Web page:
Is the quality of American news declining?

According to a new study from the Pew Research Center, the American news industry may be failing to meet the needs of the modern audience.

The study published by the Pew Research Center outlined the problems in the industry; such as substantial job cuts in newspaper offices and fewer reports on hard news stories.

In response to the report, several journalists published their views on current state of the news. Paul Raeburn at Huffington Post and Matthew Yglesias at Slate both argued that the American news industry is in better condition than ever before.

They suggest the advancement of the internet has made it possible for vast amounts of information to be available for journalists to produce content quickly.

The truth about trust

photoUnfortunately, I have to disagree with the argument that the availability of information has improved the state of our media.

The data from the Pew Research Center clearly shows that the number of jobs in newspapers has declined by 30 percent, which means the number of cubicles filled with journalists is at the same low level it was at in 1978.

In an age of increasing information and staff reduction, it’s evident that more pressure is being put on journalists to constantly churn out news information.

But this is only one example in a long list of reasons why the quality of American journalism is declining.

What I’d like to focus on is that this isn’t a new argument. Many different academic and industry voices have suggested that the quality of American news is declining. They were just using different names for the same point.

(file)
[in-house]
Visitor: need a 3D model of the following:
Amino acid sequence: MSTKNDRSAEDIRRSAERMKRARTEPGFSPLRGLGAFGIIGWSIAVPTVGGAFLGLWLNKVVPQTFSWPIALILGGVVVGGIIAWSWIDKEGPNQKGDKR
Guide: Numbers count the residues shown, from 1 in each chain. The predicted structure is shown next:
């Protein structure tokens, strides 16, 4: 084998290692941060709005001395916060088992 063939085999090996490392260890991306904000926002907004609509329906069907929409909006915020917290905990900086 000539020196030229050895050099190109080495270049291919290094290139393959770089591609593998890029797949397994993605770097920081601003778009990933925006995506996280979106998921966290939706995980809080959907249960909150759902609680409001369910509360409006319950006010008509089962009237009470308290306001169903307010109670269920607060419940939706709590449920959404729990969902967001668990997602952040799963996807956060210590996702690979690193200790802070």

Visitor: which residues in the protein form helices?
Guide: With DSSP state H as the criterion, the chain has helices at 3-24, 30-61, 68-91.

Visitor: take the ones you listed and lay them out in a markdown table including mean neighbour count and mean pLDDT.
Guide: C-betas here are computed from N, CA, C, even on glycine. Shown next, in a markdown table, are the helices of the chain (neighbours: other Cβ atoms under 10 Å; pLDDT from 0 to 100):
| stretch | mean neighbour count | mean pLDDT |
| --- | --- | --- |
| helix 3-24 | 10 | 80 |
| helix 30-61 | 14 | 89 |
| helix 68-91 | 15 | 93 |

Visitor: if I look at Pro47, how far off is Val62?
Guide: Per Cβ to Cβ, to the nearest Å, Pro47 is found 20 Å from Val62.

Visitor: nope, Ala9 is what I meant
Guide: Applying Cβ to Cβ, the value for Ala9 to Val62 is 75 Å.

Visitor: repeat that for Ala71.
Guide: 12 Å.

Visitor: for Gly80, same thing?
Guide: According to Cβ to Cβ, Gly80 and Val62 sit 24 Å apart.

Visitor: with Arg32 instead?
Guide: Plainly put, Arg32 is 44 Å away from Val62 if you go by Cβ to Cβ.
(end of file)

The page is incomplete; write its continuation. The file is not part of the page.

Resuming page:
For example, take a look at the graph (above) from Gallup. It shows the massive decline in American trust of the media since the 1970’s. An updated graph from the same poll (below) shows an even higher number of people that don’t trust the mainstream media.

photo (1)

Trust in the media is especially low on presidential election years. When the media whips into a frenzy and attempts to provide coverage of the most expensive publicity campaign in the world.

The point is that “declining trust in the media” and “decreasing standards” aren’t two separate issues. They are both indications that the American news industry is in the same boat, and perhaps even worse off, than that of the global news industry.

News needs a push

Pew Center of Research and Gallup are both examples of how the news industry – and the perception of the news industry – is changing in the digital age.

The problem that has not been addressed by the industry is: How do we make news relevant and challenging again?

As an American journalist studying with contemporaries from all over the world, I receive criticism for writing too often on press releases, wire copy and entertainment stories.

As a suggestion, what we need to do as an industry is take a step back from the barrage of online information and find the issues that matter to the people.

Until then, we’ll have to face the fact that American news is losing touch with its audience – and start getting more comfortable with the job cuts.


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